*Editors note: Not everyone camping down the track emulates the madness and carnage of the Kuricville crew. There are many “normal” families who enjoy camping and watching the race with a few quiet ones [beers]. While the ability to "hold your liquor" is often fantasized as a competitive advantage, the XR3PG crew seem to be at an elite level of drinking prowess and during Finke week they should always be approached with caution [laughs].

For more information and full results from the 2017 Tatts Finke Desert Race, visit: https://finkedesertrace.com.au/.

The Story Behind the Finke Trophy

"Dan Ashcraft came to AUS and won the Finke in 1996 and took the perpetual trophy home to the states with him. When I got hooked up with Vroomy 11 years ago he asked me if I knew Dan and told me the trophy had been missing since. I tracked down Ashcraft and made plans to get the trophy from him. When I did get it I had the small winner nameplates updated [as it had been missing quite a while] Henge and I flew to AUS with the trophy to a hero's welcome and landed on the front page of the newspaper as we brought the trophy back to Alice Springs. I rode to the gas station just off the 15 freeway in my hometown of Victorville, California on my XR650 to meet Dan. I had a backpack with me as I had never laid eyes on the trophy. He hands me this massive wooden plaque that barely fit in my back pack [unzipped] I rode home on dirt tracks back to my house much slower than I did on the way up to meet him!" [laughs]" – JB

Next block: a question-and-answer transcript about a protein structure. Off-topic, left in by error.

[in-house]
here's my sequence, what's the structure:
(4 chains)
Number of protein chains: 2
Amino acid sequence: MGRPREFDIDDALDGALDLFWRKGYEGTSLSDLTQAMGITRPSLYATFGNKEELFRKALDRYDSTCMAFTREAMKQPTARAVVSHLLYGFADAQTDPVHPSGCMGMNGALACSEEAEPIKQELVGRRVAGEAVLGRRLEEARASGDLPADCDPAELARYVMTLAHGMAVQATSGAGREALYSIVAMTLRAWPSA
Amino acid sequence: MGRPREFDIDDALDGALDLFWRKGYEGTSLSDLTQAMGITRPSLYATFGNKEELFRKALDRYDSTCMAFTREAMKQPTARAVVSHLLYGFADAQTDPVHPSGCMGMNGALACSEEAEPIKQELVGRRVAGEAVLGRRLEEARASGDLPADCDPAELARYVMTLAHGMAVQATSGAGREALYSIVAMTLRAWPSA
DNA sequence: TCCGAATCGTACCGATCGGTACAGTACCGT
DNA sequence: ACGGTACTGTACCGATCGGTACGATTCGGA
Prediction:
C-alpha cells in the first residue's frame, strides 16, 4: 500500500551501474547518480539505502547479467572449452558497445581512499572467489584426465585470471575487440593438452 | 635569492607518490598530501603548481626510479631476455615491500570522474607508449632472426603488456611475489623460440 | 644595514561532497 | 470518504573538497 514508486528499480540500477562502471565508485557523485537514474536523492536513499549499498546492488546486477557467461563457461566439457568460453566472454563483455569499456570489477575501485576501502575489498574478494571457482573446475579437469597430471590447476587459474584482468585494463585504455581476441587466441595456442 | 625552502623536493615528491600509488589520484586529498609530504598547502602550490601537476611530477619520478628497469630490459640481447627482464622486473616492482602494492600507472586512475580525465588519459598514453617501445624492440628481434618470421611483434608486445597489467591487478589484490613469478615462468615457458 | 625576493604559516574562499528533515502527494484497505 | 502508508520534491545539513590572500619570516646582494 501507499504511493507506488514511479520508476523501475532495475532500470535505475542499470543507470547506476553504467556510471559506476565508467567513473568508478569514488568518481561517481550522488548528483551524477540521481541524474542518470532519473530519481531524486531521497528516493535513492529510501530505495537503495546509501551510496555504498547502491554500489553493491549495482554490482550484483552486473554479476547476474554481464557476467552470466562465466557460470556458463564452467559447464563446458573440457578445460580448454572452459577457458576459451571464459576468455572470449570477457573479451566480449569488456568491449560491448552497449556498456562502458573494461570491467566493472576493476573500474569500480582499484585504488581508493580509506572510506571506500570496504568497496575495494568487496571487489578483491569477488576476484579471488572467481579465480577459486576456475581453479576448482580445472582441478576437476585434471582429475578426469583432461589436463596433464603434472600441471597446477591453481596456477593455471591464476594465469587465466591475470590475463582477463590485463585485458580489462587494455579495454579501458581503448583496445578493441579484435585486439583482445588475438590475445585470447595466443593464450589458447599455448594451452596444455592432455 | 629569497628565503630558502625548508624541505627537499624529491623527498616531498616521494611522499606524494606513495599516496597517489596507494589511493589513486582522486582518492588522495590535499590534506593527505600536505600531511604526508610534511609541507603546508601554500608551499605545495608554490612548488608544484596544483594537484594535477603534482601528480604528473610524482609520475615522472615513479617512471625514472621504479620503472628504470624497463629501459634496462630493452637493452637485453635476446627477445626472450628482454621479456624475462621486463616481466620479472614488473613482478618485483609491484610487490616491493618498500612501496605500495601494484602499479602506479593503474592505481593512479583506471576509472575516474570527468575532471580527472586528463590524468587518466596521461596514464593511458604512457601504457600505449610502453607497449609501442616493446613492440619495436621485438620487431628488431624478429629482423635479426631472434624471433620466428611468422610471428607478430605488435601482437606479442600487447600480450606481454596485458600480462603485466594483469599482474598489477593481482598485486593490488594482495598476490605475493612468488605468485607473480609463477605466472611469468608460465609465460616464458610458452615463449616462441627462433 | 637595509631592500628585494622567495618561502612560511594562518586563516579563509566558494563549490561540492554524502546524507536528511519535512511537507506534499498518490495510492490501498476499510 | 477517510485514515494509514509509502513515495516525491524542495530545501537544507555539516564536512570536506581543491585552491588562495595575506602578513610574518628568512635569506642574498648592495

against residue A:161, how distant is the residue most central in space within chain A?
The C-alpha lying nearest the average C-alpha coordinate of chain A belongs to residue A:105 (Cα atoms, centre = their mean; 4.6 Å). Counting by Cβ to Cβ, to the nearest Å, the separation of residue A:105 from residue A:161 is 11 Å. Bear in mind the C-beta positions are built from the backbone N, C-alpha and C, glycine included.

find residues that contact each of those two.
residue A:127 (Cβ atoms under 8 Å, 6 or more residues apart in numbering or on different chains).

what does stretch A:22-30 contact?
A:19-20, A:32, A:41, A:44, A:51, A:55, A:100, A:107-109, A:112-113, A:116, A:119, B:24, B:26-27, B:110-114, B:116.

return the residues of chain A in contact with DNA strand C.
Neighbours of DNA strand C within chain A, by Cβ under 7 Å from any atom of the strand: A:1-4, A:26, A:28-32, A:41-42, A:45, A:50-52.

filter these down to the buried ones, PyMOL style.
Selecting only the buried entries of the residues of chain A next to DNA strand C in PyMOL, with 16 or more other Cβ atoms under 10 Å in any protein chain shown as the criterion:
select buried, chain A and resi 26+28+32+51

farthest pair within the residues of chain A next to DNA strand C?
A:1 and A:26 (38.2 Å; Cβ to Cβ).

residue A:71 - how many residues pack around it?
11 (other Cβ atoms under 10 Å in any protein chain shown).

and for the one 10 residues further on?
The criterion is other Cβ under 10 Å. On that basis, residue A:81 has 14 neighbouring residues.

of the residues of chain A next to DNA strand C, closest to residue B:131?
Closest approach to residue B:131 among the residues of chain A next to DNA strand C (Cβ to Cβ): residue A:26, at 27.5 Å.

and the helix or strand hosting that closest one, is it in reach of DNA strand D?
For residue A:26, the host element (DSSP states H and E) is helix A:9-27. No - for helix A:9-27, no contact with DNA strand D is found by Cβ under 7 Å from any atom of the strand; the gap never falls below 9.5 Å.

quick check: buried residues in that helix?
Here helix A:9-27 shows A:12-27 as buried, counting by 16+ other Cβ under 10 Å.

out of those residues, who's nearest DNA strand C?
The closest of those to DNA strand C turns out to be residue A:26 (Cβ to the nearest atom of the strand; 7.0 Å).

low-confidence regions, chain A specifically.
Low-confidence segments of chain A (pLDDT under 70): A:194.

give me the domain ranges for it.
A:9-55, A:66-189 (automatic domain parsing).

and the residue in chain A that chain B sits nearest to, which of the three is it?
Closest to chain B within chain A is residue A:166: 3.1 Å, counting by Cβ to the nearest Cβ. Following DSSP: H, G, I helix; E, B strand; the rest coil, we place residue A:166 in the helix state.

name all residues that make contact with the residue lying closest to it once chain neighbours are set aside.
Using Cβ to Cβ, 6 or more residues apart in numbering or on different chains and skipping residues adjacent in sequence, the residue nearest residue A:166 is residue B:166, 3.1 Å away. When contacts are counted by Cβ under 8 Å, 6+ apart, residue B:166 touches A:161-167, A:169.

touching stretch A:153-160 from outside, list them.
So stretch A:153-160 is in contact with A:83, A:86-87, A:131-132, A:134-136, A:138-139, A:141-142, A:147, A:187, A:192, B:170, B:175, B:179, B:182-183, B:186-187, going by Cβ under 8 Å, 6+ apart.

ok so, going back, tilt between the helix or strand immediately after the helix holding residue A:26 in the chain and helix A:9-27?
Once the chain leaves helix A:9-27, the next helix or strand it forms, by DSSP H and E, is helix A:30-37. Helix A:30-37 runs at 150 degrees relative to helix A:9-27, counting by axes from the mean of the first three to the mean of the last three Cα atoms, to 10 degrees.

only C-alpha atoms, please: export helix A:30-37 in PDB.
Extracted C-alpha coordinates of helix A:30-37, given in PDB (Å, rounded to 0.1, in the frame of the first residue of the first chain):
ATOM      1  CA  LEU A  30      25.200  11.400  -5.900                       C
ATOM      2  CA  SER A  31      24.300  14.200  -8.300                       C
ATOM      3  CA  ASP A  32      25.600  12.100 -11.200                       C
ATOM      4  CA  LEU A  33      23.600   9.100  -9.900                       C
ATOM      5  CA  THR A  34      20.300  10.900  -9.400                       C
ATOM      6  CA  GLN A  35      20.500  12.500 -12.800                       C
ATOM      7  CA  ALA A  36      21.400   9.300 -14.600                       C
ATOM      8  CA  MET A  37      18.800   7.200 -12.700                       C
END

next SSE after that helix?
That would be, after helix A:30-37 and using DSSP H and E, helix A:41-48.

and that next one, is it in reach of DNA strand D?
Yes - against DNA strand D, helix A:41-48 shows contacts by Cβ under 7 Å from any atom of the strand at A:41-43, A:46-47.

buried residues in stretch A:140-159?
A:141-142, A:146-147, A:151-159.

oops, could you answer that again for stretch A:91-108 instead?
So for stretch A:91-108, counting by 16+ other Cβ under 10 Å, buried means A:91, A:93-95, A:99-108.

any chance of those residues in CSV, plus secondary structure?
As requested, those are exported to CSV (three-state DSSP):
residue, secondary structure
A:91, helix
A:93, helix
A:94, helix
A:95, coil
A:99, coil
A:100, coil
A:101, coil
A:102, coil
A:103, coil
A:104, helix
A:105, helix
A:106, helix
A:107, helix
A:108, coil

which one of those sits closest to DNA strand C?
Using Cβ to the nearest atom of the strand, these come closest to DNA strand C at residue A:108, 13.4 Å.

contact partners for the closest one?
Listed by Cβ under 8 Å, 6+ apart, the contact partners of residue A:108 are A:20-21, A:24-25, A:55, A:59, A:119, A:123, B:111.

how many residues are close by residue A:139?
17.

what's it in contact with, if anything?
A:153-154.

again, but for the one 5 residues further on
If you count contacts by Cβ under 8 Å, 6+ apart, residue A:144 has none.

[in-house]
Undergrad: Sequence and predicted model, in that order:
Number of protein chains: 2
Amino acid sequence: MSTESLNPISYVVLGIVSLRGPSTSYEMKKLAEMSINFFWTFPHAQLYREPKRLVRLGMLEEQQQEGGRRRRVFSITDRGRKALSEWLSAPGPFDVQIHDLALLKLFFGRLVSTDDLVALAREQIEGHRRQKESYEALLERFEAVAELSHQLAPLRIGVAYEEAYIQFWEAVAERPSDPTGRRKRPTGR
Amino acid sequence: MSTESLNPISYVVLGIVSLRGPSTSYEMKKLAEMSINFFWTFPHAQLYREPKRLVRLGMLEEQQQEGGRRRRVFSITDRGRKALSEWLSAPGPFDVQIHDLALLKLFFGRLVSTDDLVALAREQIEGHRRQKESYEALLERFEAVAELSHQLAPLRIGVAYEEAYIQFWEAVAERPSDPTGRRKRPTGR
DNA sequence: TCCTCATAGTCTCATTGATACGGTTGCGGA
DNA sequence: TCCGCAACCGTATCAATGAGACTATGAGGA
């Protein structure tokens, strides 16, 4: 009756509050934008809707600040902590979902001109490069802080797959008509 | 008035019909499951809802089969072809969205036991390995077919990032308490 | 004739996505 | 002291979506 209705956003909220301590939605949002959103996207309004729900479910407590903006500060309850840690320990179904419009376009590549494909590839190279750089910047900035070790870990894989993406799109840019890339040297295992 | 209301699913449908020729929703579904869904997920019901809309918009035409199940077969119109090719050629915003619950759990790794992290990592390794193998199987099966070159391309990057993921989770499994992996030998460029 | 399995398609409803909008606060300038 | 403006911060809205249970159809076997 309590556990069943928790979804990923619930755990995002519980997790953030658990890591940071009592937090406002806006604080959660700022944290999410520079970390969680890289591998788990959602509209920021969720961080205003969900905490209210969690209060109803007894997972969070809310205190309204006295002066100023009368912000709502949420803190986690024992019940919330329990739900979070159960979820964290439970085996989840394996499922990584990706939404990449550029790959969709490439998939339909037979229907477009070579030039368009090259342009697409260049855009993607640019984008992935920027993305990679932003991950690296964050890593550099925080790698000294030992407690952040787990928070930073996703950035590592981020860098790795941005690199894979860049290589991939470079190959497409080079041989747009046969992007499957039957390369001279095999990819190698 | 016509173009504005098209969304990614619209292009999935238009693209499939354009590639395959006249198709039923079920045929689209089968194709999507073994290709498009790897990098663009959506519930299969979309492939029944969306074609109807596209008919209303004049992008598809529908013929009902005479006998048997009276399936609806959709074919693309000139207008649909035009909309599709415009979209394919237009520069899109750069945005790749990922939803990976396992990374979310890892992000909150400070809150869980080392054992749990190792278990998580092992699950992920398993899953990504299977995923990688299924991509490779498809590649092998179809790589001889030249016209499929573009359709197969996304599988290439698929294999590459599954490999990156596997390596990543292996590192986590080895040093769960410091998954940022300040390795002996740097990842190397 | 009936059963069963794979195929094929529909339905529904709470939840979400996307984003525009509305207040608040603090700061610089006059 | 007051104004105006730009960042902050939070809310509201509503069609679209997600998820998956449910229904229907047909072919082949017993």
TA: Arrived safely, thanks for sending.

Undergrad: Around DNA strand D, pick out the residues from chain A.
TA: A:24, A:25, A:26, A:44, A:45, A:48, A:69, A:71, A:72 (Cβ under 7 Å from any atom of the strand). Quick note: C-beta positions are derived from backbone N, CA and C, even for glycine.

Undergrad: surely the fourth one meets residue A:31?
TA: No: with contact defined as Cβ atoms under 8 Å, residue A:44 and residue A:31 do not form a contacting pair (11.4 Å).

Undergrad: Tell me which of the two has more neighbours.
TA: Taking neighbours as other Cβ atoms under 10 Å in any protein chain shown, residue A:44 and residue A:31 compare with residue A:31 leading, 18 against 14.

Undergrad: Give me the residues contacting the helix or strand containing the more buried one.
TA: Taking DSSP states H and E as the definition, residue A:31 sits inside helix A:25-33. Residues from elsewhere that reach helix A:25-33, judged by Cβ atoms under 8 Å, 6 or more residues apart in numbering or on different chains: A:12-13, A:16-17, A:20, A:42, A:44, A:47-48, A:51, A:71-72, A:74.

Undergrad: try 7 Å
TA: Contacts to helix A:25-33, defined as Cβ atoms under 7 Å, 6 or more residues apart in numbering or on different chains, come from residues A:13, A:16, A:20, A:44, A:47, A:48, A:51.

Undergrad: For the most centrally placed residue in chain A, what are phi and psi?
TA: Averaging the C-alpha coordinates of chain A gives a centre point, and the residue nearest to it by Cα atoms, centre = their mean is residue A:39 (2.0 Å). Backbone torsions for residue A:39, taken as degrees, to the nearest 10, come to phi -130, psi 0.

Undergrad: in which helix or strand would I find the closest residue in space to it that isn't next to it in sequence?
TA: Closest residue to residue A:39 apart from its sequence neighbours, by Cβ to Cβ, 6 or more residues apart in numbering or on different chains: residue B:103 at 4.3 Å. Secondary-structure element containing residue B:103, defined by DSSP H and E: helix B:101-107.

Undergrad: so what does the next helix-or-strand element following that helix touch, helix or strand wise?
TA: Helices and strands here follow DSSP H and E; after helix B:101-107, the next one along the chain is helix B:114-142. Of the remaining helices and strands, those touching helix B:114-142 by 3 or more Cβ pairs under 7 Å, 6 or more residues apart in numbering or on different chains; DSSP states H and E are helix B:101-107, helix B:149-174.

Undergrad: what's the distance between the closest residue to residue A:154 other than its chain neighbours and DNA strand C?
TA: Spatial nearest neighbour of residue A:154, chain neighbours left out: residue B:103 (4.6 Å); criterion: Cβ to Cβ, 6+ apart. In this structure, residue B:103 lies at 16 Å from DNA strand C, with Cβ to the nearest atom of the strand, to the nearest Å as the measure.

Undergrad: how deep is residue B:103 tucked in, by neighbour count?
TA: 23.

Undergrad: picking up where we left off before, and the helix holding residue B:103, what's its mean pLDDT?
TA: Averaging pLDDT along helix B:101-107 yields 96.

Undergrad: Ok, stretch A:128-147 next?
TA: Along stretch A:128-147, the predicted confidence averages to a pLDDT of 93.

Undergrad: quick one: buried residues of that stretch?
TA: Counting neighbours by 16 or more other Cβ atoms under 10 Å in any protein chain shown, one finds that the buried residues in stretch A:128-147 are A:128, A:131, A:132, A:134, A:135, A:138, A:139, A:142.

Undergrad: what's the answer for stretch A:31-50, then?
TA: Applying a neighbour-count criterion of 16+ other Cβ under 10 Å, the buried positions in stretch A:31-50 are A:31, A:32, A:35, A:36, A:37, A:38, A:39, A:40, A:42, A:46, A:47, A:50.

"Dan Ashcraft came to AUS and won the Finke in 1996 and took the perpetual trophy home to the states with him. When I got hooked up with Vroomy 11 years ago he asked me if I knew Dan and told me the trophy had been missing since. I tracked down Ashcraft and made plans to get the trophy from him. When I did get it I had the small winner nameplates updated [as it had been missing quite a while] Henge and I flew to AUS with the trophy to a hero's welcome and landed on the front page of the newspaper as we brought the trophy back to Alice Springs.

I rode to the gas station just off the 15 freeway in my hometown of Victorville, California on my XR650 to meet Dan. I had a backpack with me as I had never laid eyes on the trophy. He hands me this massive wooden plaque that barely fit in my back pack [unzipped] I rode home on dirt tracks back to my house much slower than I did on the way up to meet him!" [laughs]" – JB

More scenes from the 2017 Finke: